Drake Is Winning Regardless Of What Anybody Thinks Or Laughs At
“I’ma tell you what Banks told me / 'Cause go head and switch the style up / If niggas hate / Then let ‘em hate / And watch the money pile up / Or we can go upside their head with a bottle of bubb…” –50 Cent, “In Da Club”
I will admit that I used to keep a few Drake albums in my iPod, and they came in handy at house parties and went over quite well with certain types of women I knew. I’ve since deleted them. It’s not that the songs stopped being catchy. And anyone that knows about music will at the very least credit Drake for his superior wordplay, songwriting and structuring skills. But I don’t like what having a Drake album in my collection implies. I think spending money rescuing strippers is some sucker shit. Plus it’s rather difficult to sing along to the lyrics of “Lord Knows” because no self-respecting guy looks at his woman’s phone while she’s in the bathroom. And regardless of what Juvenile says, plenty of people in the South don’t approve of making “Back That Azz Up” a love ballad. Drake does things I don’t like fairly often. So as a paying consumer, I just never buy his music. But I’ve never felt compelled to publicly diss him.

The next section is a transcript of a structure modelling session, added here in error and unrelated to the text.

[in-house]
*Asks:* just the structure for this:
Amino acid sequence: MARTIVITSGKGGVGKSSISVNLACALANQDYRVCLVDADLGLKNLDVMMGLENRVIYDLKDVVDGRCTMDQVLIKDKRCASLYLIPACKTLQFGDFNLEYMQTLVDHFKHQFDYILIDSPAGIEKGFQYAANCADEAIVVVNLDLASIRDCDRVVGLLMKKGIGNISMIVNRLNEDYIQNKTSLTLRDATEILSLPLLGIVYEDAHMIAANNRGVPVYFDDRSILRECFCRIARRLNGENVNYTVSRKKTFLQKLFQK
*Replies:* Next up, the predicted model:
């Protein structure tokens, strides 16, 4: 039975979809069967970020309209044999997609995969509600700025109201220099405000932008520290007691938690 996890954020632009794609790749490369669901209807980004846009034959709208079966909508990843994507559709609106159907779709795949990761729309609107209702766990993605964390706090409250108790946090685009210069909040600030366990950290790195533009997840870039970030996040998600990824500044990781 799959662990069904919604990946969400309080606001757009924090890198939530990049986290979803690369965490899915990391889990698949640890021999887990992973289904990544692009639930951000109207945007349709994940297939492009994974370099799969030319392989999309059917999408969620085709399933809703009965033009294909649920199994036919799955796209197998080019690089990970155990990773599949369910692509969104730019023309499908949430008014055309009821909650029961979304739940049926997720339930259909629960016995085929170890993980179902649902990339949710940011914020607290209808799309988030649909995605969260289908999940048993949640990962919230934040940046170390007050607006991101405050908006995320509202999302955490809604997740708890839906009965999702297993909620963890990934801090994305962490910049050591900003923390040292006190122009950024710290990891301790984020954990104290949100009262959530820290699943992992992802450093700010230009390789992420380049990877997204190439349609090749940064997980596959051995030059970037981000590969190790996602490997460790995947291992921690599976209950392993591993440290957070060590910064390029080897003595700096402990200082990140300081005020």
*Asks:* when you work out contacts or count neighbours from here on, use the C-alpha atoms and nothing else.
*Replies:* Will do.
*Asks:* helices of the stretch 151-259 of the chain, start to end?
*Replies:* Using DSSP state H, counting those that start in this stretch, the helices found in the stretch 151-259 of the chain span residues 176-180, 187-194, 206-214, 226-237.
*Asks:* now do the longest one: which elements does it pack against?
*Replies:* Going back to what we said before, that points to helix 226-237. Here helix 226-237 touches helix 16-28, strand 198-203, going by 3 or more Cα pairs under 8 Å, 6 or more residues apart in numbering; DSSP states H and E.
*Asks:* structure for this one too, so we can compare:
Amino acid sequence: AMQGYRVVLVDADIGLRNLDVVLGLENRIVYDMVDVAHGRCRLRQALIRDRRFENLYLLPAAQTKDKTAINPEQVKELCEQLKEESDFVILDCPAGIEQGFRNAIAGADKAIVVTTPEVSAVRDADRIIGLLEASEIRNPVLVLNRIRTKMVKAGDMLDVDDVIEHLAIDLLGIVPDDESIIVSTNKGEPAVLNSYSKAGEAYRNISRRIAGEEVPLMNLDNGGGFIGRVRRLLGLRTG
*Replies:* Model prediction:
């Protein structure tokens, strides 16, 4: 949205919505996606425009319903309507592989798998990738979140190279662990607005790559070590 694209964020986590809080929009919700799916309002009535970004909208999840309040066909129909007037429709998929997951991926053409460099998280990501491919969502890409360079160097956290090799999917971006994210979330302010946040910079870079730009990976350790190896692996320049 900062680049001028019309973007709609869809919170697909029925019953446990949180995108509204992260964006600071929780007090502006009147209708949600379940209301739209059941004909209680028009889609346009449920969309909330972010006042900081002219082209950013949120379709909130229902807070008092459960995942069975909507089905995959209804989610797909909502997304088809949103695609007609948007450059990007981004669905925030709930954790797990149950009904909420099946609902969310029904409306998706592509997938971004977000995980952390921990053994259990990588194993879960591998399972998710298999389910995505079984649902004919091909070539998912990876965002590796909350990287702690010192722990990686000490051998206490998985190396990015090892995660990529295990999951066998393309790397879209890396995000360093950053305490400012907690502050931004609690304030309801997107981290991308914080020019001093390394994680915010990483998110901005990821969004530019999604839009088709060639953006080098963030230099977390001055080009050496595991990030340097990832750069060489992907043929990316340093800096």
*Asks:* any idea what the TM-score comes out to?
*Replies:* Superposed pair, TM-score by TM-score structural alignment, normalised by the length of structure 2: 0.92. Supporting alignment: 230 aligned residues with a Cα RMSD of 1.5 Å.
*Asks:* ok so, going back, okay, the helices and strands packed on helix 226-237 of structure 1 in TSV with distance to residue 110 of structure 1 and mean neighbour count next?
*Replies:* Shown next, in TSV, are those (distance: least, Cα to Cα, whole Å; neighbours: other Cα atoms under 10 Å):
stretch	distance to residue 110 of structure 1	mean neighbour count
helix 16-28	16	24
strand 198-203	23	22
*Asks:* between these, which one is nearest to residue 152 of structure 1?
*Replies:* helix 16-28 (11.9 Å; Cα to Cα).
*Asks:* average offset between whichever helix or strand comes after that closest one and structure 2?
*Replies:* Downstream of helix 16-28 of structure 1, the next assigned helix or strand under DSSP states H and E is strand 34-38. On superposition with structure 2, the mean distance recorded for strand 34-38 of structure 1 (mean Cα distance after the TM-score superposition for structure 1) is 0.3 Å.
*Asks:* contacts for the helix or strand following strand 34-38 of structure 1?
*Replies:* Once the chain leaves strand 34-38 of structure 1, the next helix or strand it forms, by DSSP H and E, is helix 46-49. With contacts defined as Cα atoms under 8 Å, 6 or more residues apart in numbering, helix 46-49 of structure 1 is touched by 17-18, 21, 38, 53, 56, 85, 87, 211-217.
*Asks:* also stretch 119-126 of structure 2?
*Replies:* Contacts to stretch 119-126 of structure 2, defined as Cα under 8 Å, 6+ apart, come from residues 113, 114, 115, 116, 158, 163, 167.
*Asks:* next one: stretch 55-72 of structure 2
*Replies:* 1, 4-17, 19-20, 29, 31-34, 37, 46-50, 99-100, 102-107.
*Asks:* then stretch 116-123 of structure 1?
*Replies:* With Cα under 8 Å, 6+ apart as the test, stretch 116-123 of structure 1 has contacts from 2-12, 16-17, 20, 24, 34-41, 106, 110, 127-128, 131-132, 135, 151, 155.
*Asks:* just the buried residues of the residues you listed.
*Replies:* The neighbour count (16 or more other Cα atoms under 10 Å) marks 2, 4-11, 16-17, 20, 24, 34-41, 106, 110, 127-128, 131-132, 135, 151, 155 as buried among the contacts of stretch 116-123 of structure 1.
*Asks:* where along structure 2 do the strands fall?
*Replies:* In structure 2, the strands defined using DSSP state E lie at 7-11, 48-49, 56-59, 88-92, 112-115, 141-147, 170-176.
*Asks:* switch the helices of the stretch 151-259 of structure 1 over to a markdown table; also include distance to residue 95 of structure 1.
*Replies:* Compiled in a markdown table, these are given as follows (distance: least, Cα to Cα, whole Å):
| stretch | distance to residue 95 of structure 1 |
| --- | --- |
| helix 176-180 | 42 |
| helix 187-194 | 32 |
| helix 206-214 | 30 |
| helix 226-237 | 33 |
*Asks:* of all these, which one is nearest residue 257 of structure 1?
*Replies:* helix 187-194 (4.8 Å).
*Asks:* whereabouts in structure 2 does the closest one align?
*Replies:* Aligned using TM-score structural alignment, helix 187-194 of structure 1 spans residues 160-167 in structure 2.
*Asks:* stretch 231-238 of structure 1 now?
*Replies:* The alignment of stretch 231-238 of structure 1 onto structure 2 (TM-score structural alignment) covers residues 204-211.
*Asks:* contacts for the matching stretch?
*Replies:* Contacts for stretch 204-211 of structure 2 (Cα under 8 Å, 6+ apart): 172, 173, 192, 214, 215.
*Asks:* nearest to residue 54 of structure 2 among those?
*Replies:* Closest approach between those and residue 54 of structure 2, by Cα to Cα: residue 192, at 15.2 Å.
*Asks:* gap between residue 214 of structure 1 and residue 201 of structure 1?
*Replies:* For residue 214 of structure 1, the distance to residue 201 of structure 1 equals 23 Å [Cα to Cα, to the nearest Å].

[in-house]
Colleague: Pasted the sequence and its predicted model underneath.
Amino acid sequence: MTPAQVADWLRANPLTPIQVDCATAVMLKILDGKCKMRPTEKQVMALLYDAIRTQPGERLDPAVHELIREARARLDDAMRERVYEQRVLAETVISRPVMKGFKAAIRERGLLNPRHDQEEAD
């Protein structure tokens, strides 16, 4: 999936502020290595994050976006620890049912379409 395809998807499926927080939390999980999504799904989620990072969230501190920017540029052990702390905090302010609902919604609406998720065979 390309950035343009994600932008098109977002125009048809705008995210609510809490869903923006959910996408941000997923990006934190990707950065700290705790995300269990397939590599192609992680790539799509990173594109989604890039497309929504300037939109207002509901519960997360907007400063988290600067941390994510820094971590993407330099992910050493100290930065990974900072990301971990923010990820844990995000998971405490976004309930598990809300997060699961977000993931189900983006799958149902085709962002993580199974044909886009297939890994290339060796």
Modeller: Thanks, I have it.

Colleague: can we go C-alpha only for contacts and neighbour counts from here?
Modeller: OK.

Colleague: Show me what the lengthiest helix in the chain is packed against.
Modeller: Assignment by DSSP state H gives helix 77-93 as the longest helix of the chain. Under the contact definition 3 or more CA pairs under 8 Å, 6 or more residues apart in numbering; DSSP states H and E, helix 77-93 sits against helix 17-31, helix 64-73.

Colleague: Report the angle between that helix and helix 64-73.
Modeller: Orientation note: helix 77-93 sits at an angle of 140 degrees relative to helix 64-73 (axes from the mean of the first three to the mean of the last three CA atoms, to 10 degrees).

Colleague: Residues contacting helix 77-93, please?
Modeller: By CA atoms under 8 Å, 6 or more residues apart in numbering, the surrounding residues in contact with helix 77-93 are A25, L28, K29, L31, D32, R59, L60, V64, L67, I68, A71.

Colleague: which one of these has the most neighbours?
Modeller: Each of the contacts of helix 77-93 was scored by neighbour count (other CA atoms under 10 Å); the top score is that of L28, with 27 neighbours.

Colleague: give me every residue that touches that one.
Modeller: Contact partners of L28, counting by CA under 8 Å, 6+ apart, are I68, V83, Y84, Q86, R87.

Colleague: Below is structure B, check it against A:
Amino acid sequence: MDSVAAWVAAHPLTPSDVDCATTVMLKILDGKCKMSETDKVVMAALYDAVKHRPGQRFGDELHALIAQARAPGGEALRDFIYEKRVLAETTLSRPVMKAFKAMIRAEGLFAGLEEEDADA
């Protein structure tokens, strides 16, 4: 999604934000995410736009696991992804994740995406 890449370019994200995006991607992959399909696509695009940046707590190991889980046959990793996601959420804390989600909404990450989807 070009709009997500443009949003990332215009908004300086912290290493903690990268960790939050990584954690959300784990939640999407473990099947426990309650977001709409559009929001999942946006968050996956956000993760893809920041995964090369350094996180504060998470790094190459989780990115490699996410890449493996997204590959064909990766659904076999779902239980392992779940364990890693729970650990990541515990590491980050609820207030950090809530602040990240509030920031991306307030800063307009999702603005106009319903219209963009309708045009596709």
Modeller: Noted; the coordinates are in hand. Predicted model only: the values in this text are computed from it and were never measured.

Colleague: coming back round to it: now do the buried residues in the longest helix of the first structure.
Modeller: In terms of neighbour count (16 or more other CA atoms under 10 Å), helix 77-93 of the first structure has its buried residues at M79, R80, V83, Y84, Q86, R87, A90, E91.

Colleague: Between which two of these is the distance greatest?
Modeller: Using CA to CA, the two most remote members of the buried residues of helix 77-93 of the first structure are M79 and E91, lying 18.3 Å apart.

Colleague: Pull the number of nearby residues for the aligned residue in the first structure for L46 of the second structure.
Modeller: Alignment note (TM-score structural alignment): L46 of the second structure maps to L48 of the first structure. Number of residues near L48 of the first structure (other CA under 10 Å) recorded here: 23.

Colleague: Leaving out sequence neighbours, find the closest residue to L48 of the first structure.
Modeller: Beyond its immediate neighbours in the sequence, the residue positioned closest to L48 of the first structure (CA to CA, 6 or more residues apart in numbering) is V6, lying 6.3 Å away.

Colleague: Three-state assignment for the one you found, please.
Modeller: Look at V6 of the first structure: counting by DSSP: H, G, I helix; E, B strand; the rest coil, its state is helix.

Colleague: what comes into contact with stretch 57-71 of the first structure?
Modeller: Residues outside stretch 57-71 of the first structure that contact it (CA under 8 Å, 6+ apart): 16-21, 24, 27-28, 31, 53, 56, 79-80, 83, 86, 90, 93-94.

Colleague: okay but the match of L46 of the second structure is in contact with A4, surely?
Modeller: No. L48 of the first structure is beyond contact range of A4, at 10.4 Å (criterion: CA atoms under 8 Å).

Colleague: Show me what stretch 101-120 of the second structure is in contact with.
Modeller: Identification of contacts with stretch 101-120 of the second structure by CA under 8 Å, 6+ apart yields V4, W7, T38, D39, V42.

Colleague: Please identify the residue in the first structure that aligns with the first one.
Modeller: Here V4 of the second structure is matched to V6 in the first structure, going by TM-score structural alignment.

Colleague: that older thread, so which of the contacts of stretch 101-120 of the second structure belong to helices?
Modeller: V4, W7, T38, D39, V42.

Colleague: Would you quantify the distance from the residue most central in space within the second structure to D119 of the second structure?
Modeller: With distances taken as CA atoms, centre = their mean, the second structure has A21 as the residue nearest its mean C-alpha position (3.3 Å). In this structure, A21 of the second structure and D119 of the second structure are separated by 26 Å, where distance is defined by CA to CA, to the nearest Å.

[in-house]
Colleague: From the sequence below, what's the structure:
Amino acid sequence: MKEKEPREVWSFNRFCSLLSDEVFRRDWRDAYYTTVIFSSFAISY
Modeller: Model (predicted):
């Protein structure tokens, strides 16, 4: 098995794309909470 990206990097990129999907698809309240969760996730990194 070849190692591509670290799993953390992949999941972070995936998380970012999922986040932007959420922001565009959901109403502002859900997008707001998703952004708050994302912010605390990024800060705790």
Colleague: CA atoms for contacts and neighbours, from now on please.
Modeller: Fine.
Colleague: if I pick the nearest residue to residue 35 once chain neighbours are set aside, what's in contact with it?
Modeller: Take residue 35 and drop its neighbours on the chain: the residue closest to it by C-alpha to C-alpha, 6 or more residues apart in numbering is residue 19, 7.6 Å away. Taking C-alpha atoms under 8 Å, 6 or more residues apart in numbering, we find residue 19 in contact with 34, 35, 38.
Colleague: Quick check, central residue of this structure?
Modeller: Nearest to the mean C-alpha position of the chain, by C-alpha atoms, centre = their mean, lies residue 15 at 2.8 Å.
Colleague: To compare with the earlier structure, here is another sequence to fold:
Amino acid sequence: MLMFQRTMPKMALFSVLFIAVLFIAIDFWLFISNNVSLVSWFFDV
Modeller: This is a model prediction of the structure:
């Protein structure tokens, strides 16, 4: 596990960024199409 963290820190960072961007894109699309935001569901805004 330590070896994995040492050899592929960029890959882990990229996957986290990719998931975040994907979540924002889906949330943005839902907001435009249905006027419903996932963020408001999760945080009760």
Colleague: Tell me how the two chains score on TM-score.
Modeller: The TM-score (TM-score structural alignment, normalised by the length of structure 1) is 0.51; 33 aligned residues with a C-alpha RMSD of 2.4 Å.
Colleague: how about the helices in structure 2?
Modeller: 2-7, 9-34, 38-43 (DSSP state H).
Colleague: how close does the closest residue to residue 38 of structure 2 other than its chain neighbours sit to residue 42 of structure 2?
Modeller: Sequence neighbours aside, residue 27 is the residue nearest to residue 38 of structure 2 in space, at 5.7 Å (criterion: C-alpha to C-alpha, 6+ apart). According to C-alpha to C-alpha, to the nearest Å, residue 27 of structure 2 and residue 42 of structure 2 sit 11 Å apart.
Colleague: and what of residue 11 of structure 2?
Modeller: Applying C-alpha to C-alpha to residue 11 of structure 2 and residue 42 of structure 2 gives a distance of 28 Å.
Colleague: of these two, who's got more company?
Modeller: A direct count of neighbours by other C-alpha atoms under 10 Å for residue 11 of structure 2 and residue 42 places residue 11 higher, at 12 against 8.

For me Drake’s 2009 knee injury pretty much sums up his career, his detractors and his attitude towards them. Having been under doctors’ advice to limit any high-impact activity, Drake appeared at an ‘09 New Jersey date on Lil Wayne’s America’s Most Wanted Tour because he didn’t want to let down his fans. Caught up in the moment, Drake was doing some macho posturing—puffing out his chest, mean mugging and bopping along to the backing music. Seconds later he crumpled to the floor of the stage in a heap when his already injured knee buckled. Wayne poked fun at him, and Drake was helped off the stage. Moments later, the music continued, and Drake was letting everyone know he was okay via a Twitter correspondence with Miss Info. We got some laughs, and “Drake’s Knee” ended up with its own Twitter feed. The whole incident was a mix of sincerity and hubris followed by some embarrassment and injury due to Drake’s own sometimes-comical lack of self-awareness. But three years later, he’s still getting money and we’re still talking about him. Not much has changed since then.
Omar Burgess is a Long Beach, California native who has contributed to various magazines, newspapers and has been an editor at HipHopDX since 2008. Follow him on Twitter @FourFingerRings.